Additionally, business decisions are higher stakes and, counter-intuitively, more emotional. No one gets fired for buying a Coke instead of Pepsi — but careers and livelihoods hang in the balance for major business decisions. Ensuring all the stakeholders feel good about the decision — and more importantly, continuing to make them feel good after the decision — is a key tactic.

Also, remember that the junior staff of today are the senior decision makers of tomorrow. Invest in them to start a relationship with your brand, so you’ve built a relationship when they get promoted and advance from a junior voice in the process to a key decision maker.

DGR: ABM also relies on more customized, targeted messaging. How are you seeing B2B organizations achieve that kind of effective outreach at scale?

Romoff: Start by narrowing the universe of accounts to free up some bandwidth. This can help you customize the messaging to have it land better with those target accounts. That way, each account becomes much more important — and so does getting each set of messages right. Now you can’t just say “we blew it with that account, let’s just move on to the next.”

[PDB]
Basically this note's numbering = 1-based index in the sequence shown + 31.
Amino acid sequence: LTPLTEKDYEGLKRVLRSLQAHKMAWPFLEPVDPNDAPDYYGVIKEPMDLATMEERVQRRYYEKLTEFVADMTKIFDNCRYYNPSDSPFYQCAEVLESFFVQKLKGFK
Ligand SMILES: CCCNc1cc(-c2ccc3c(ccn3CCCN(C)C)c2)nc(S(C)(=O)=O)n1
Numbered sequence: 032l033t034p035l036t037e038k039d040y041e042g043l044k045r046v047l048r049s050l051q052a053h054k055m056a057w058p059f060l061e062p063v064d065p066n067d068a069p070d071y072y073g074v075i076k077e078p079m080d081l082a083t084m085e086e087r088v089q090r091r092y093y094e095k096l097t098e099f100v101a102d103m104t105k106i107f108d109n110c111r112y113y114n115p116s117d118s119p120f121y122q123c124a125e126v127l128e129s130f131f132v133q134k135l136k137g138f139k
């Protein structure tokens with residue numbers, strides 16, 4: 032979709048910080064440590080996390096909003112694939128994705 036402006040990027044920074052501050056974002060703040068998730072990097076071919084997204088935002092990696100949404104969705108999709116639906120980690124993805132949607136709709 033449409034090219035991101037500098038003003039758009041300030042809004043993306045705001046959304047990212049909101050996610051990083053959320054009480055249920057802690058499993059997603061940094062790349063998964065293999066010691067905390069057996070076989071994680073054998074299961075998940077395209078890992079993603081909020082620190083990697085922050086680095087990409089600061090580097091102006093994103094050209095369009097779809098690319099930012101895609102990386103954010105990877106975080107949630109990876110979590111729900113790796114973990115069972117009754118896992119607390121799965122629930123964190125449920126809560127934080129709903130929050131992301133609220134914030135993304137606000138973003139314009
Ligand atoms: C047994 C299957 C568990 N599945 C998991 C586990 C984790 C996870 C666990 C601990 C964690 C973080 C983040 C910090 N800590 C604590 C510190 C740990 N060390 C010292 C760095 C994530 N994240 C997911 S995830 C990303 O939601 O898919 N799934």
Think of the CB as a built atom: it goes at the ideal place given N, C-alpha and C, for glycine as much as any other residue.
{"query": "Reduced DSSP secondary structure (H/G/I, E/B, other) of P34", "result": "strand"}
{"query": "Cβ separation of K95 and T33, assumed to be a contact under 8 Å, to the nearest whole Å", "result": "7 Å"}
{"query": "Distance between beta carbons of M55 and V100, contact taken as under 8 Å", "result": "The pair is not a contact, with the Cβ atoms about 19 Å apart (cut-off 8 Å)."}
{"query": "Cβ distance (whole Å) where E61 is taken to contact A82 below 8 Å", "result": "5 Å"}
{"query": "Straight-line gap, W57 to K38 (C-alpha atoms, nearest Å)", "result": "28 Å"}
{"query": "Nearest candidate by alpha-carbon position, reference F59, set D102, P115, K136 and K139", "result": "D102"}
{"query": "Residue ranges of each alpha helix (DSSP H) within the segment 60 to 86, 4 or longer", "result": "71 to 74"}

DGR: Can you share some thoughts on how different platforms and technologies — such as LinkedIn and Demandbase — work together and provide optimal results for B2B organizations?

Romoff: The concepts around ABM are relatively straightforward. But the execution can be complicated.

There are a number of ways that you can engage your targets, collect signals and information and activate against what you are seeing. No matter what technology you use — it needs to efficiently enable you to execute on the game plan that you have put in place.

Every marketer is different, and their tech stack and execution will vary. But if they are focused on getting the big things right — they will be able to run a very effective ABM system.